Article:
ii. If a K involves a lot of promises and only one is illusory the K is still valid but the illusory promise is not. As long as there is consideration for the other promises, the K will survive.

Exceptions-some K’s may seem illusory, but they are not illusory, as long as certain conditions are meet. I.e. (good faith implied)

i. Satisfaction clauses in contracts- Performance of one party is not due unless the party is satisfied with something.
1. Not illusory as long as the “satisfaction” can be subject to a good faith standard.
2. Two types of satisfaction clauses:
a. The condition calls for satisfaction as to commercial value or quality, operative fitness or mechanically utility
i. Dissatisfaction cannot be claimed arbitrarily, or unreasonably
ii. Reasonable person standard used in determining whether satisfaction has been received.
b. The considiton calls for satisfaction involving fancy, taste or judgment. (Mattei v. Hopper) NFL Player Contract.
i. All need is good faith, dissatisfaction does not have to be reasonable
ii. Dissatisfaction must be genuine.
iii. Ex: Mattei v. Hopper: Shopping center lease case: must have satisfactory leases:
c. Reasoning: not illusory because you are required to act in good faith: you areactually promising something.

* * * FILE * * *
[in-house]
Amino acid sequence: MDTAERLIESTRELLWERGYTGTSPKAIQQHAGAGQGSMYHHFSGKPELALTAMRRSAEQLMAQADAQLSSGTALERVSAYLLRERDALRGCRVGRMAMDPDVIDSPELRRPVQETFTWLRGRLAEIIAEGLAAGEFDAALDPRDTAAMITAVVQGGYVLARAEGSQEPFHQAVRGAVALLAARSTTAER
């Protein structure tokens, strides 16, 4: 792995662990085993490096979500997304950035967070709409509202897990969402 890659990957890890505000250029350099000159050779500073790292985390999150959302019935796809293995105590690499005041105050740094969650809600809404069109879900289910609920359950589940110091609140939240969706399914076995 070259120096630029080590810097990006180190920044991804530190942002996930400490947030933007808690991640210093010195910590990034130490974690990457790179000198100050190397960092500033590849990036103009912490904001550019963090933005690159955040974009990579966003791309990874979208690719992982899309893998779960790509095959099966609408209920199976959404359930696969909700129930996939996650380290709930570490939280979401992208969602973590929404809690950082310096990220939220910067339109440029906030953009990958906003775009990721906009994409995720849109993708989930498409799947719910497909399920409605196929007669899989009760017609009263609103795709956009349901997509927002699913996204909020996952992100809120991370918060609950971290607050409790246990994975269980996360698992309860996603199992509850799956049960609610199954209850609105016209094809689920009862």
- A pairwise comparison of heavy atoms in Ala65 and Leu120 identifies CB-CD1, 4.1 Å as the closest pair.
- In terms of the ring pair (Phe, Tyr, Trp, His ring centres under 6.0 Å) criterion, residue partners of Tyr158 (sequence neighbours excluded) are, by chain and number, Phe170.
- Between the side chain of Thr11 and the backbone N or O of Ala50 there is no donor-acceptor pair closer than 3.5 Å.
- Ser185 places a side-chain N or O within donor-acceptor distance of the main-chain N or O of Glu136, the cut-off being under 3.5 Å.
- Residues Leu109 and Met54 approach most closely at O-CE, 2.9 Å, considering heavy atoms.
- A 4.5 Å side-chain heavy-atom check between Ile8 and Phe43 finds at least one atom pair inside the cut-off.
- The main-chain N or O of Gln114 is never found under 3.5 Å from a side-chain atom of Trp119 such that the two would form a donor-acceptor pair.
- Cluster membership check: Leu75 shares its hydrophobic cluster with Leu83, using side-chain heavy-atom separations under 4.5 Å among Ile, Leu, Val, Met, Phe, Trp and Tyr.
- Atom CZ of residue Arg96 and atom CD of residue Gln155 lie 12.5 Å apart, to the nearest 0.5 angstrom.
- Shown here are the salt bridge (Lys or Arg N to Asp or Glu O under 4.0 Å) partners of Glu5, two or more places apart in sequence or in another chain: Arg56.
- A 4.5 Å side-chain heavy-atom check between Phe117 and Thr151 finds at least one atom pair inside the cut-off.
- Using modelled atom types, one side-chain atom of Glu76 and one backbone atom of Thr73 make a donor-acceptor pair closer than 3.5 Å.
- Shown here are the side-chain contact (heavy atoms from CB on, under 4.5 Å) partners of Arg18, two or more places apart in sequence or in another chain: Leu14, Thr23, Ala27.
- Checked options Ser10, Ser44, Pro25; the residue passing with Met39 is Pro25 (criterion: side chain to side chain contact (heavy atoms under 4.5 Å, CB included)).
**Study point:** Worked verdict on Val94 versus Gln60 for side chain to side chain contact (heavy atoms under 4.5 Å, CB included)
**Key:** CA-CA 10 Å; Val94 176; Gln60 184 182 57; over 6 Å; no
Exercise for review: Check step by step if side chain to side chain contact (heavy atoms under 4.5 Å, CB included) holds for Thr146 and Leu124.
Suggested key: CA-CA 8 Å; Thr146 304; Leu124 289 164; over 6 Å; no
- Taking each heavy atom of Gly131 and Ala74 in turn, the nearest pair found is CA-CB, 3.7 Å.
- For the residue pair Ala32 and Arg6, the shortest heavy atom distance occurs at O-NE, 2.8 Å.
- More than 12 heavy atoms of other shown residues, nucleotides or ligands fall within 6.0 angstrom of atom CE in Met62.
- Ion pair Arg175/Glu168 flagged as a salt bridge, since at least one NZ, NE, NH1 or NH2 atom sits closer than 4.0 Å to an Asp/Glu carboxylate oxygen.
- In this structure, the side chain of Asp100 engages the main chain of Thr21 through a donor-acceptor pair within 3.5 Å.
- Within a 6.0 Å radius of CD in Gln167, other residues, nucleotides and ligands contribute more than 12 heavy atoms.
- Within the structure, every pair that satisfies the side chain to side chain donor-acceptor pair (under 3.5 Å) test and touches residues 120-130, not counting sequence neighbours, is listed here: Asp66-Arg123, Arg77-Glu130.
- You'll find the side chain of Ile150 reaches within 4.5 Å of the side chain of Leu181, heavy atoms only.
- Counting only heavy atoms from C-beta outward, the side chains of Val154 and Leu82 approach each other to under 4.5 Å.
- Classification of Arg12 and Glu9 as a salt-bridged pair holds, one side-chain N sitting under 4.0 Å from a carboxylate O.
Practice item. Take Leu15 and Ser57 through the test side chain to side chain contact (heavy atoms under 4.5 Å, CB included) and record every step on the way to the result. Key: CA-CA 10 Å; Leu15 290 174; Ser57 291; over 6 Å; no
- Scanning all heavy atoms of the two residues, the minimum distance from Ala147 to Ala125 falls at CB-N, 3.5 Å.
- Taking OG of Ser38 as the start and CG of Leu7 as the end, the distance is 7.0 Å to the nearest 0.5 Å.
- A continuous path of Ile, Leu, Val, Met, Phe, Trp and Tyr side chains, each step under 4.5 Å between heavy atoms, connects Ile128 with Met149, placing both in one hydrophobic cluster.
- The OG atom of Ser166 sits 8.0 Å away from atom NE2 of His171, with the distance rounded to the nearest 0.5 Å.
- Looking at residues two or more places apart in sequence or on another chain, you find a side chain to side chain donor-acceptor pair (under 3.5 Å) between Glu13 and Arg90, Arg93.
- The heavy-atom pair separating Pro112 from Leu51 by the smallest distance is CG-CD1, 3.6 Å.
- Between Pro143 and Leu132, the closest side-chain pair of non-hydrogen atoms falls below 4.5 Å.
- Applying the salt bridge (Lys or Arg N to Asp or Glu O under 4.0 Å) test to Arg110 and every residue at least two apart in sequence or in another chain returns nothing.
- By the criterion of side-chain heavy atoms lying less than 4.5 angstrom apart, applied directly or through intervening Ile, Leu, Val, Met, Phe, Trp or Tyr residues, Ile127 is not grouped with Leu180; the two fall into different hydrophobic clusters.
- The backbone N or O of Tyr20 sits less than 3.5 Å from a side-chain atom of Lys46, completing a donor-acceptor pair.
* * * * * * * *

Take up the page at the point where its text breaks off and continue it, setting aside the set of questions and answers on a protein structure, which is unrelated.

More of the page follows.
d. Here they are commercial contracts: context:
ii. Requirement/Outputs Contracts-One party promises to attain all their requirements of a certain good from the other or one party promises to sell all their output to the other:
1. U.C.C. 2-306 Output requirements and Exclusive dealings: Not illusory if
a. “good faith”- In Eastern v. Gulf: Flying though Detroit all the time do you can fill up fuel their cheaper might not be good faith.
b. Demand is not unreasonably disproportionate to estimate in K or past quantities (when no quantity is given). Say 1,000 gallons a week, then you say you need 10,000 gallons:
2. Reasoning: when you promise to buy requirements you are actually promising to buy something so =consideration.
iii. Exclusive Dealings Contracts -One party agrees to work for another in exchange for the exclusive right to do so.
1. Reasoning: Not illusionary because the working party must use best efforts
2. Wood v. Lucy-Even if a requirement of “best efforts” or “good faith” is not explicit a court may find it is Implied. Court implied promise to use best efforts to market: why?
a. 1. Wood adapted business to that purposeàimplication business will be used for its purpose:
b. 2. Terms of compensation: unless he gave efforts, neither of them would profit:,
c. 3. Business persons=rational actors; assume they wanted to make a binding business arrangement:
d. More applicable to commercial contract because can assume rational actors and people want to make profits: